Nagorno Karabakh: Urgent concern on physical safety and restrictions faced by journalists covering the conflict
On 28 October, together with fellow partner organisations of the Council of Europe Platform, the European Federation of Journalists (EFJ) signed a statement of urgent concern regarding the risks to physical safety and undue restrictions faced by journalists covering the conflict in Nagorno Karabakh.
The statement reads as follows:
We undersigned partner organisations of the Council of Europe Platform for the promotion of journalism and the safety of journalists express our urgent and deep concern about the ongoing risks of injury and harm to media workers reporting on the armed conflict inside Nagorno Karabakh. We are also concerned that arbitrary restrictions imposed by state authorities engaged in the conflict represent undue interference in the ability of journalists to perform their important role of informing the public through free and independent reporting.
We therefore remind the authorities of Azerbaijan and Armenia of the obligations they have undertaken and the guarantees they have made regarding the protection of journalists in situations of conflict and tension, in accordance with International Humanitarian Law and International Human Rights Law. These commitments are set out in the Committee of Ministers of the Council of Europe’s Recommendation (96) 4 and in UN Security Council Resolutions 1738 and 2222; in particular:
– Journalists and other media workers operating in areas of armed conflict must be treated and protected as civilians, and allowed to perform their work independently and without undue interference. Attacks intentionally targeting journalists, as civilians, constitute war crimes. All states should do their utmost to end impunity for such criminal acts. States engaged in armed conflict should instruct their military and police forces to give necessary and reasonable assistance to journalists when they so request. They should disseminate the relevant instructions to their military and civilian authorities to make them aware of all these obligations.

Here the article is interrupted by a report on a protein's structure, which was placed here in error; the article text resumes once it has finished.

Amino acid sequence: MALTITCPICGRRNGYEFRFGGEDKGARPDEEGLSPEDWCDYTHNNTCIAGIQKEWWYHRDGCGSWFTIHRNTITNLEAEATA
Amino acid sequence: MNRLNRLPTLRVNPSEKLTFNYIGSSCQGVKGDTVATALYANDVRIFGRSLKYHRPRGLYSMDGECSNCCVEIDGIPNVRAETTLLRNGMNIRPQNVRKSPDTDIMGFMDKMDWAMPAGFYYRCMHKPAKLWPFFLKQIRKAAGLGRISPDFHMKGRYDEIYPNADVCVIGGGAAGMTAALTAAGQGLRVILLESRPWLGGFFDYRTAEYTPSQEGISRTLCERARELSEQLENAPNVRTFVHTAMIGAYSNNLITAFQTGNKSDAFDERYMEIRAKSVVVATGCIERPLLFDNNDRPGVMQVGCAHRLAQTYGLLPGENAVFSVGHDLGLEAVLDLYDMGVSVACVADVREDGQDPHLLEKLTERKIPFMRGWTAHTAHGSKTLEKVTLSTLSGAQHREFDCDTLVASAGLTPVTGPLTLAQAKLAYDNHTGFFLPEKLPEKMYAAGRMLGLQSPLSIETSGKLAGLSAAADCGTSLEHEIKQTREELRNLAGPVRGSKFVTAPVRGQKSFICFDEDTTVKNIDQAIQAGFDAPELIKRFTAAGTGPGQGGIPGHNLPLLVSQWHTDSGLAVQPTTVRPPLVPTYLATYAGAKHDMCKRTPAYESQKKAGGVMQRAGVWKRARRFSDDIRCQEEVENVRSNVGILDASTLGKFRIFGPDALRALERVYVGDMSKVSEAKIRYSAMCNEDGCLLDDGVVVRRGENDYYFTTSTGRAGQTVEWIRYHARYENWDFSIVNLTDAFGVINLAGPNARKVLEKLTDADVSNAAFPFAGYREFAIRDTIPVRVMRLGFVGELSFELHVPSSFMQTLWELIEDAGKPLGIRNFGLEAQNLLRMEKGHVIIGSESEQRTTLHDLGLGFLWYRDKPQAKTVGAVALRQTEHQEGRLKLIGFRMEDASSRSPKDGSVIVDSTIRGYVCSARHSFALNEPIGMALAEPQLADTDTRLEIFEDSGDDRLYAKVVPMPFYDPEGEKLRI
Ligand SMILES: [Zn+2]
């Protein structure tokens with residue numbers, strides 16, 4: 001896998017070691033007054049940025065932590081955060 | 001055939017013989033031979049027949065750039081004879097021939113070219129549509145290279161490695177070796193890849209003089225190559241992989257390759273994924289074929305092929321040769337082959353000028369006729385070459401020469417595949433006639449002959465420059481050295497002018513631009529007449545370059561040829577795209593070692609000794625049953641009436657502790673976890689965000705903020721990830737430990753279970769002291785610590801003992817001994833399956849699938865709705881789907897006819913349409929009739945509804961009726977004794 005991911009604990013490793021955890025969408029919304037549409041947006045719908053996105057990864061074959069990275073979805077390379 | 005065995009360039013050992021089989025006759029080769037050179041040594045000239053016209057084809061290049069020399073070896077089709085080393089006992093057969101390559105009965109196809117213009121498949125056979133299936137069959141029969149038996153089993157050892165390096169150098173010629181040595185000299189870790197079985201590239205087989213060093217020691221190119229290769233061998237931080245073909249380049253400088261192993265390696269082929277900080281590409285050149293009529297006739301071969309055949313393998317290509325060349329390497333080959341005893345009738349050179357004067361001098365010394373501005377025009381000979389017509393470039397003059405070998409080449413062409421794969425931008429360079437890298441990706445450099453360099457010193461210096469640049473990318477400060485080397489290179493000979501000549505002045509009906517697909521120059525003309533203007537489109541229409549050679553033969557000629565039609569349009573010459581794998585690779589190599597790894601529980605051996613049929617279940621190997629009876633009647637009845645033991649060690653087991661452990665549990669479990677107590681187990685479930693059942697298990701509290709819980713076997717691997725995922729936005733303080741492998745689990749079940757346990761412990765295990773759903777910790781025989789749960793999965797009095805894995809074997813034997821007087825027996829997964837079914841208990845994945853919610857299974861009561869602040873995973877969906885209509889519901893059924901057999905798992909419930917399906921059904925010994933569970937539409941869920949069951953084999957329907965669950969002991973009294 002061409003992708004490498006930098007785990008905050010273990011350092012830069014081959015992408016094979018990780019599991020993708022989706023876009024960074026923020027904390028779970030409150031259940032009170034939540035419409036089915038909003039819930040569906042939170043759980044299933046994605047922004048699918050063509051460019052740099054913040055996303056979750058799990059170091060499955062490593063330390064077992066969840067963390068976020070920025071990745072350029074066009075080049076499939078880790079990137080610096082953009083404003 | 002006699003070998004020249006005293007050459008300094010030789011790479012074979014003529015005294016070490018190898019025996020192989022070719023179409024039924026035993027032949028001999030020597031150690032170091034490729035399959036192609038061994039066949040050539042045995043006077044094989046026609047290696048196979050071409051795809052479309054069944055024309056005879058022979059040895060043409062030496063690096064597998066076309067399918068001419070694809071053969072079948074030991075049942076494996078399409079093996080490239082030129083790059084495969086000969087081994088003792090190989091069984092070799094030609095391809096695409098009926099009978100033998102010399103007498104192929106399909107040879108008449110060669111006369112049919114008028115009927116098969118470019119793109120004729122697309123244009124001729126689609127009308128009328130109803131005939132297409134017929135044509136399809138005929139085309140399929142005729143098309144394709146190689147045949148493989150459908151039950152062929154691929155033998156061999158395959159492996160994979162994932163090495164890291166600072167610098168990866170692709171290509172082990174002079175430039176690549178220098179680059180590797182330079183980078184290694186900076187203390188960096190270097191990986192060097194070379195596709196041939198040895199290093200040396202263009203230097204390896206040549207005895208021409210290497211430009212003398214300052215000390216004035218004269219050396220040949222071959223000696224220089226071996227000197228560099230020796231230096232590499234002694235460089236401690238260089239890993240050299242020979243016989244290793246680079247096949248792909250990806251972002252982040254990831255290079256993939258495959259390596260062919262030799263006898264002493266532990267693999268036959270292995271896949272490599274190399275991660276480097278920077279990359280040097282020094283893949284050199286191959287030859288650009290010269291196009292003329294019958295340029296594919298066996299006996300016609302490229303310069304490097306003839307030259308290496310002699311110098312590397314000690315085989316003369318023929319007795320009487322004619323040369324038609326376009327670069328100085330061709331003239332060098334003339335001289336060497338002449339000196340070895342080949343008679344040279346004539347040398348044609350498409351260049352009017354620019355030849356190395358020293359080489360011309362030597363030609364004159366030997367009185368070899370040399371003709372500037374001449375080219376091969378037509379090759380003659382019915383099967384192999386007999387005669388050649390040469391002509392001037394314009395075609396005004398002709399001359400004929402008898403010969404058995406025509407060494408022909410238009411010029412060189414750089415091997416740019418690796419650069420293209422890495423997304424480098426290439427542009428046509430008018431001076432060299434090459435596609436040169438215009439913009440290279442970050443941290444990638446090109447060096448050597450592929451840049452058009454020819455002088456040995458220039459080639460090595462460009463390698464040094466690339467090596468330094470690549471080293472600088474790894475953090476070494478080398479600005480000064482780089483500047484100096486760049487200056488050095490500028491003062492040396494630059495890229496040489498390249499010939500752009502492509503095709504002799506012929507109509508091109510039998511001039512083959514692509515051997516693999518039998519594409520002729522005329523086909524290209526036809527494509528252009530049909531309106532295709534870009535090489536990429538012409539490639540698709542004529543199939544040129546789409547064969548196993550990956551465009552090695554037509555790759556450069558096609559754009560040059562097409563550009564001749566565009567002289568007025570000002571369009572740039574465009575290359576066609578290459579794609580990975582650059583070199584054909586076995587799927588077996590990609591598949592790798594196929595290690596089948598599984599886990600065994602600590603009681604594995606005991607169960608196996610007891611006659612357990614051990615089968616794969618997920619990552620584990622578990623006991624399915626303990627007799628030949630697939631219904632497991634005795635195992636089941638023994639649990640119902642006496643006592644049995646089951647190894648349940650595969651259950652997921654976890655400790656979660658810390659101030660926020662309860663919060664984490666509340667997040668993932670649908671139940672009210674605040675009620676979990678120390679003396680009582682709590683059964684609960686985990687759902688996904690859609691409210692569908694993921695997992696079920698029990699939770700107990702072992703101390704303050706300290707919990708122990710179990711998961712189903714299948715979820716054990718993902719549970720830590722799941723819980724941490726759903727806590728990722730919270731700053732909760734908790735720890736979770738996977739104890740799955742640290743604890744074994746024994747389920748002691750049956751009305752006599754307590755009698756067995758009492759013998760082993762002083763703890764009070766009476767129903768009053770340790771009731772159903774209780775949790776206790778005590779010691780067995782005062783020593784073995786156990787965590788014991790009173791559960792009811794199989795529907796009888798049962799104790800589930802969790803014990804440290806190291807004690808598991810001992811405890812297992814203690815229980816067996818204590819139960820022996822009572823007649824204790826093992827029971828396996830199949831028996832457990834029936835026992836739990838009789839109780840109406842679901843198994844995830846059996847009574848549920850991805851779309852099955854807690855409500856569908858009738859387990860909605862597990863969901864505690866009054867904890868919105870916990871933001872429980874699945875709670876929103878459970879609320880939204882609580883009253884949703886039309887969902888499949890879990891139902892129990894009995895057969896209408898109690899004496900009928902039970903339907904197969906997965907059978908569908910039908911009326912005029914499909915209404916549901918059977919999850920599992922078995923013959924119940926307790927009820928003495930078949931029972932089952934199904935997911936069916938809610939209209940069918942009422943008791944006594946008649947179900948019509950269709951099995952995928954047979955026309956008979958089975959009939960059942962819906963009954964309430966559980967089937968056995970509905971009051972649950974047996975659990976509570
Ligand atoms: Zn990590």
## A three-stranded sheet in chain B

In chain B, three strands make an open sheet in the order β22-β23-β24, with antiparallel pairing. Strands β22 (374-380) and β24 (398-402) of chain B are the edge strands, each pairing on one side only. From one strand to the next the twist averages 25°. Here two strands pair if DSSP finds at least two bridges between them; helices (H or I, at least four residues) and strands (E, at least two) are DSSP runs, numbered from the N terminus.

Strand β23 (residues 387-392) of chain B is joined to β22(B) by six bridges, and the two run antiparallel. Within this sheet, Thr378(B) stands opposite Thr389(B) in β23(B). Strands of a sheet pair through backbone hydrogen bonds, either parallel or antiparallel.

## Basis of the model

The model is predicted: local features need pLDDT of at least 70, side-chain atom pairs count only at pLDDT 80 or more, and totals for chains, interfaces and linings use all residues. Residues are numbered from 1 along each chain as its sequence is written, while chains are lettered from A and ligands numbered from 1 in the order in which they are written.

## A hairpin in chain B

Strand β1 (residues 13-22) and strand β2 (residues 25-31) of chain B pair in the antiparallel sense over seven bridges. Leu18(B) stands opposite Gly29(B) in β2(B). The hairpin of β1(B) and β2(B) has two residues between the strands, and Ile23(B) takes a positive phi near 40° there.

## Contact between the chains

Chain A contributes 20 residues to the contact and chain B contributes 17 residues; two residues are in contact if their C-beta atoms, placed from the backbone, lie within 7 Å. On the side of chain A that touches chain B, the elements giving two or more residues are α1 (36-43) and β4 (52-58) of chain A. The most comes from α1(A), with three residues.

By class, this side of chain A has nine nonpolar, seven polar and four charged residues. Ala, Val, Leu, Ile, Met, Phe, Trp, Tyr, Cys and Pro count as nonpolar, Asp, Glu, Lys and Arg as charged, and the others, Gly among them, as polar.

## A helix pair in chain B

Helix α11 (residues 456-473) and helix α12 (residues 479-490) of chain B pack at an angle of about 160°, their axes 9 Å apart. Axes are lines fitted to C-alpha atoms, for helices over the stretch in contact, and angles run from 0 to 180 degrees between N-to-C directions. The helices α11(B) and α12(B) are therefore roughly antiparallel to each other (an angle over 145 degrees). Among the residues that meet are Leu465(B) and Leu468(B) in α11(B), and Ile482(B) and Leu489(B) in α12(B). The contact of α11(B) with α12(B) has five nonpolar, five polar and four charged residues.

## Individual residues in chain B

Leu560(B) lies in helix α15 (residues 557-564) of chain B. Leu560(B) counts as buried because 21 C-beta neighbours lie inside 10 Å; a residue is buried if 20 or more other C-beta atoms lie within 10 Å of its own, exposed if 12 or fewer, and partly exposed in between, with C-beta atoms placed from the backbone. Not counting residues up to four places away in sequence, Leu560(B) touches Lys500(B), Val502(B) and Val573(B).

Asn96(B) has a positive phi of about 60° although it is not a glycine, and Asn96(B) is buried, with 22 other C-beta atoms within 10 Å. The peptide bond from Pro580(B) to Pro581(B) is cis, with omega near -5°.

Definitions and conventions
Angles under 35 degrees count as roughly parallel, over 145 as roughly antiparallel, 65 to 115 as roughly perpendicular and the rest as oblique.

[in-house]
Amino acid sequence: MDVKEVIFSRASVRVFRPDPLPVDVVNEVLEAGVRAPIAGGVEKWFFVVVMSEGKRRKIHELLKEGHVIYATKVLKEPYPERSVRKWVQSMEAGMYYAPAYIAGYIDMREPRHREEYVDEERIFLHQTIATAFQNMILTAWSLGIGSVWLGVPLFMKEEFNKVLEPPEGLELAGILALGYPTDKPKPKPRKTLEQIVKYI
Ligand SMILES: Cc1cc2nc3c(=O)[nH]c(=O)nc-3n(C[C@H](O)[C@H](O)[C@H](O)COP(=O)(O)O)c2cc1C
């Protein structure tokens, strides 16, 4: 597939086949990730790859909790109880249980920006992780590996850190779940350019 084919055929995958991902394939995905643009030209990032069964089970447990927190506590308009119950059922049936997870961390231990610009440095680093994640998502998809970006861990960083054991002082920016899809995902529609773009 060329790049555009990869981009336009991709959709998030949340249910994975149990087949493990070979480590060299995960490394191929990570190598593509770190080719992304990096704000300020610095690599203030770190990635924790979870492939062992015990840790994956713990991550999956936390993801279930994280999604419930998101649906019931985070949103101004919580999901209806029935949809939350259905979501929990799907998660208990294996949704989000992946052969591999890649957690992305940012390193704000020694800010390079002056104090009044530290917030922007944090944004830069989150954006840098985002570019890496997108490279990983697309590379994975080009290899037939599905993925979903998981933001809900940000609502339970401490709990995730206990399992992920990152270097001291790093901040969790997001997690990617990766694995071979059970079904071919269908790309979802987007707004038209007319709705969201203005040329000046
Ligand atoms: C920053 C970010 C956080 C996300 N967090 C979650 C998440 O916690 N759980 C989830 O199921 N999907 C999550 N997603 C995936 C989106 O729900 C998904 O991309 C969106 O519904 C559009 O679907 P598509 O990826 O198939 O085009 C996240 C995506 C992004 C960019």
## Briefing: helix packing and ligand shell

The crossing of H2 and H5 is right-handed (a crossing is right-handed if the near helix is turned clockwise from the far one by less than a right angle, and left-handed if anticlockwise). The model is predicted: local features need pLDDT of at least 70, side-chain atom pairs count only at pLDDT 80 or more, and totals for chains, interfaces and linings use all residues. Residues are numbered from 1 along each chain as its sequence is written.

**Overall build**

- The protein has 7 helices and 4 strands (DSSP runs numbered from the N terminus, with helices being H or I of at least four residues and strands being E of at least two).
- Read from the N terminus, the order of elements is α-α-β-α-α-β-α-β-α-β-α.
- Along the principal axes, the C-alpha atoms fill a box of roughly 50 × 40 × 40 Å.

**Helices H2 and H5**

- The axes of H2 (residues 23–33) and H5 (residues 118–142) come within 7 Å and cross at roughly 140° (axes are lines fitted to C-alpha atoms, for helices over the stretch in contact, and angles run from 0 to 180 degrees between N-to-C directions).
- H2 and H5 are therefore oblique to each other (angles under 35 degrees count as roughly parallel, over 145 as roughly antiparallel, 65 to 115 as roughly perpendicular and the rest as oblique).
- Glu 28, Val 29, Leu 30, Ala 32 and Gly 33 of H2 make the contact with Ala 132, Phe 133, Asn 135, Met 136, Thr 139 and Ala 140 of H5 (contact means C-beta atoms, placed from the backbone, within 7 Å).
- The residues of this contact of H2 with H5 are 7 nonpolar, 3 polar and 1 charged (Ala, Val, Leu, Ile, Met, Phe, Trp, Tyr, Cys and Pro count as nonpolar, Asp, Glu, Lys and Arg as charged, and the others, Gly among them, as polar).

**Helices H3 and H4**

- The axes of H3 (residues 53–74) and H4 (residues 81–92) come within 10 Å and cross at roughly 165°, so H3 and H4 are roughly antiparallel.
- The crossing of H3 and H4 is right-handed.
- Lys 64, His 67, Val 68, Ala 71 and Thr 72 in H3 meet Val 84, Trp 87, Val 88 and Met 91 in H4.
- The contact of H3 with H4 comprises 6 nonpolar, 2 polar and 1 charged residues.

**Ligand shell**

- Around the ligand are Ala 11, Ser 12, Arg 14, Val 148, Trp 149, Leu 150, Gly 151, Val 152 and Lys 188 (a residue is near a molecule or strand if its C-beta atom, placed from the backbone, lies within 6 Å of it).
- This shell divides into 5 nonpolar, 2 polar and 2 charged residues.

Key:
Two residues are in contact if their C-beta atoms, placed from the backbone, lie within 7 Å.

– States should facilitate the access of journalists and their equipment to the territory concerned by providing the necessary documentation and permissions. They should refrain from taking any restrictive measures against journalists, such as denial, withdrawal of accreditation or expulsion, on account of their exercise of their duties or the content of their reports. States should apply these provisions in a non-discriminatory and non-arbitrary manner in their dealings with journalists, whether foreign or local.
– In situations of conflict and tension the free and unhindered exercise of journalism is especially important in order to safeguard the right of the general public and of individuals to be informed and to be able to evaluate the actions of public authorities. We also urge media and journalists’ organisation to take all possible preventive and protection measures for the physical safety of journalists; and to provide them with relevant practical information and training before undertaking dangerous missions in situations of conflict and tension.
- Association of European Journalists (AEJ)
- Committee to Protect Journalists (CPJ)
- European Broadcasting Union (EBU)
- European Centre for Press and Media Freedom
- European Federation of journalists (EFJ)
- Index on Censorship
- International Federation of Journalists (IFJ)
- International News Safety Institute (INSI)
- International Press Institute (IPI)
- Reporters without Borders (RSF)
- Rory Peck Trust (RPT)